The 5th Law of Money: Develop Habits of Highly Successful People

Wealth creation is a process. Forget about buying that ‘How to get rich overnight’ book. It just doesn’t happen, unless you strike it big in the casino. The process starts with an idea. Once it has been moulded into a workable business concept, an ‘action cycle’ follows, one of doing, learning and doing things better.

All successful people had to start from somewhere, right? And I can bet you now most of them had no assurance of success. The point is you have to get your hands dirty, starting today.

Once you get going, change is inevitable. You will begin to approach life with a different hat on. Old thinking habits will be replaced by a new age mindset.

Do you have what it takes to redefine yourself? Are you ready to turn your world upside down? Well that’s what’s required if you want to be financially free. If you’re not committed to change there’s no way you can achieve your life’s goals.

Broadly speaking, there are four actions required to achieve financial success:

  1. Acquire income generating assets
  2. Protect assets using corporate structures
  3. Grow your wealth by reusing the income generated by your assets
  4. Distribute wealth through philanthropic efforts

To entrench these actions into your way of life, you need to develop habits of highly successful people. There are five habits that I live by:

A. Keep things simple.

There’s the easy way and the hard way. In business the easy way is to ask and deliver. Customers have needs. You need to find out what they are. Once you know, make them happy.

People often tend to overanalyse problems. As a result, they get caught up in a state of inaction. I love the analogy given by Robert Shemin:

‘How do you put a giraffe into a refrigerator? Answer: You open the door, put the giraffe in, and close the door.’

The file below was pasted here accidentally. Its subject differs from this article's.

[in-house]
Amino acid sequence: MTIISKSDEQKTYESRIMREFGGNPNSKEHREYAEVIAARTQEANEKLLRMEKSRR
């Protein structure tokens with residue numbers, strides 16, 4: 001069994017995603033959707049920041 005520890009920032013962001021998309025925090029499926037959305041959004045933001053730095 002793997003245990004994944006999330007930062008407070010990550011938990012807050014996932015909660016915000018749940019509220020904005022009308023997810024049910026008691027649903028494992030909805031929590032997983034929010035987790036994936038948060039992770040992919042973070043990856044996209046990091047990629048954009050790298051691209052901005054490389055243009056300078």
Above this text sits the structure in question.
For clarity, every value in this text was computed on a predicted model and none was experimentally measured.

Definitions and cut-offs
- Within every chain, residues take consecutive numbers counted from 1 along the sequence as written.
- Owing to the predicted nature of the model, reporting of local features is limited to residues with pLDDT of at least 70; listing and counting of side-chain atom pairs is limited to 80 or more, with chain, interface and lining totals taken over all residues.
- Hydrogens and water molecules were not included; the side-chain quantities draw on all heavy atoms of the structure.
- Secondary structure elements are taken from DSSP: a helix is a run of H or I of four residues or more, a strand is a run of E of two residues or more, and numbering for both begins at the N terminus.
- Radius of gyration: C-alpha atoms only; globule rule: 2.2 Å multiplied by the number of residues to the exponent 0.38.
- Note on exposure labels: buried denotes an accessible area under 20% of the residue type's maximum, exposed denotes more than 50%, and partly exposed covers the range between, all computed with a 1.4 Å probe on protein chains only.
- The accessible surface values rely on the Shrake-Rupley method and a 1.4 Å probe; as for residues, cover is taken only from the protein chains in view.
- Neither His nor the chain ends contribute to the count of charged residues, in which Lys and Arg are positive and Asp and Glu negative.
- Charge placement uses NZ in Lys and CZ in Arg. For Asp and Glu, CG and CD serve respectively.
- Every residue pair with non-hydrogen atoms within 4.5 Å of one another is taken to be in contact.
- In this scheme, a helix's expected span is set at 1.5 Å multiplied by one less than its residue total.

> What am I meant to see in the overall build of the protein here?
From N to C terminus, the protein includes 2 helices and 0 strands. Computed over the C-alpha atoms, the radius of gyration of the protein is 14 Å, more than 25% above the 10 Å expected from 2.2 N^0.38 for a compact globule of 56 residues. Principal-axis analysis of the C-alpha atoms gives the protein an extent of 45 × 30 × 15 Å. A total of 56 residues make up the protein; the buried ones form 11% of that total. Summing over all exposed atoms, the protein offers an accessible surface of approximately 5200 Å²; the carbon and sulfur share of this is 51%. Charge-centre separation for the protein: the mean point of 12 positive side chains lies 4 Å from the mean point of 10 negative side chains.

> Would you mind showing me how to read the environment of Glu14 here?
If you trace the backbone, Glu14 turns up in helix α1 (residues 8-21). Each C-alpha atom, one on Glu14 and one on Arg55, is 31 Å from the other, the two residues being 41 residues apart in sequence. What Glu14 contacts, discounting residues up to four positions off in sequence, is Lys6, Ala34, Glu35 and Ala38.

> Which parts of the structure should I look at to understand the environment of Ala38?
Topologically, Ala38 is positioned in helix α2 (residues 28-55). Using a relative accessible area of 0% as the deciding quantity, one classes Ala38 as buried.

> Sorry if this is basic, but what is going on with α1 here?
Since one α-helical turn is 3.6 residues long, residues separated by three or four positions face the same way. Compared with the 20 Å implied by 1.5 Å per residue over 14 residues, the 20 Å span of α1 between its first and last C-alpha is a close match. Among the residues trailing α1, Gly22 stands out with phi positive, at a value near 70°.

Don’t overcomplicate things. Sometimes the direct route to wealth is the quickest.

B. Take responsibility for your actions.

The most common excuse for failure is someone else. Do you blame other people or circumstances for your misfortunes? If your investments tank, who do you hold accountable, your advisor or the market?’

I love this quote by John Stuart Mill:

‘A person may cause evil to others not only by his actions but by his inaction, and in either case he is justly accountable to them for the injury.’

Irresponsible thinking (or inaction) is a wealth-destroying habit to harbour. It’s similar to an anvil hanging from your neck. The weight will pull you down and keep you there.

C. Find out what you don’t know.

This is another important habit of highly successful people. Wealth creation may be completely new to you. Realise that if you stick to what you know, it becomes very difficult to live up to your goals.

What you need to do is start a new chapter. First find out what you don’t know about money, stock investing, business building or real estate (or whatever the subject), and then explore each topic further.

Change doesn’t happen if you stay within your comfort zone. Always try and push the boundaries.

D. Appreciate life.

Money is not the real source of wealth. It’s a tool that people use to build and enjoy riches. True wealth comes from gratitude; appreciation for your friends and family, good health, love and other pleasures that life has to offer.

Don’t misunderstand me. Money is important. But if you make it your sole purpose in life, you may end up unhappy and alone. Be grateful for what you have.

Treat wealth creation as an opportunity for the universe to reward you for making the lives of people around you better. Say thank you more often.

E. First get and then give.

The idea that ‘giving is always better than getting’ was drummed into my head ever since I started attending Sunday school in my early teens. However, this is backward thinking. You cannot give what you don’t have, which is why you must first get.

That’s not to say you shouldn’t give some of your time to charitable causes or a 100 bucks to a person in need. With wealth creation, the more you receive, the more you can give and the bigger difference you can make in other peoples’ lives.

Have a look at rich people today, the charities they support or foundations they start. These things would not have been possible if wealth wasn’t sought in the first place.

After receiving, I believe whole heartedly in giving. Giving results in receiving!

It’s the universe’s way of thanking you for your humanity, so to speak. What contribution could you make to better the lives of others? Have you ever received an unexpected gift or surprise for doing something good, or giving up your free time to help someone?

For me, Karma is a way of saying that there is more to receive beyond what we can physically see. It’s the ‘unseen’ reward for supporting causes bigger than oneself.

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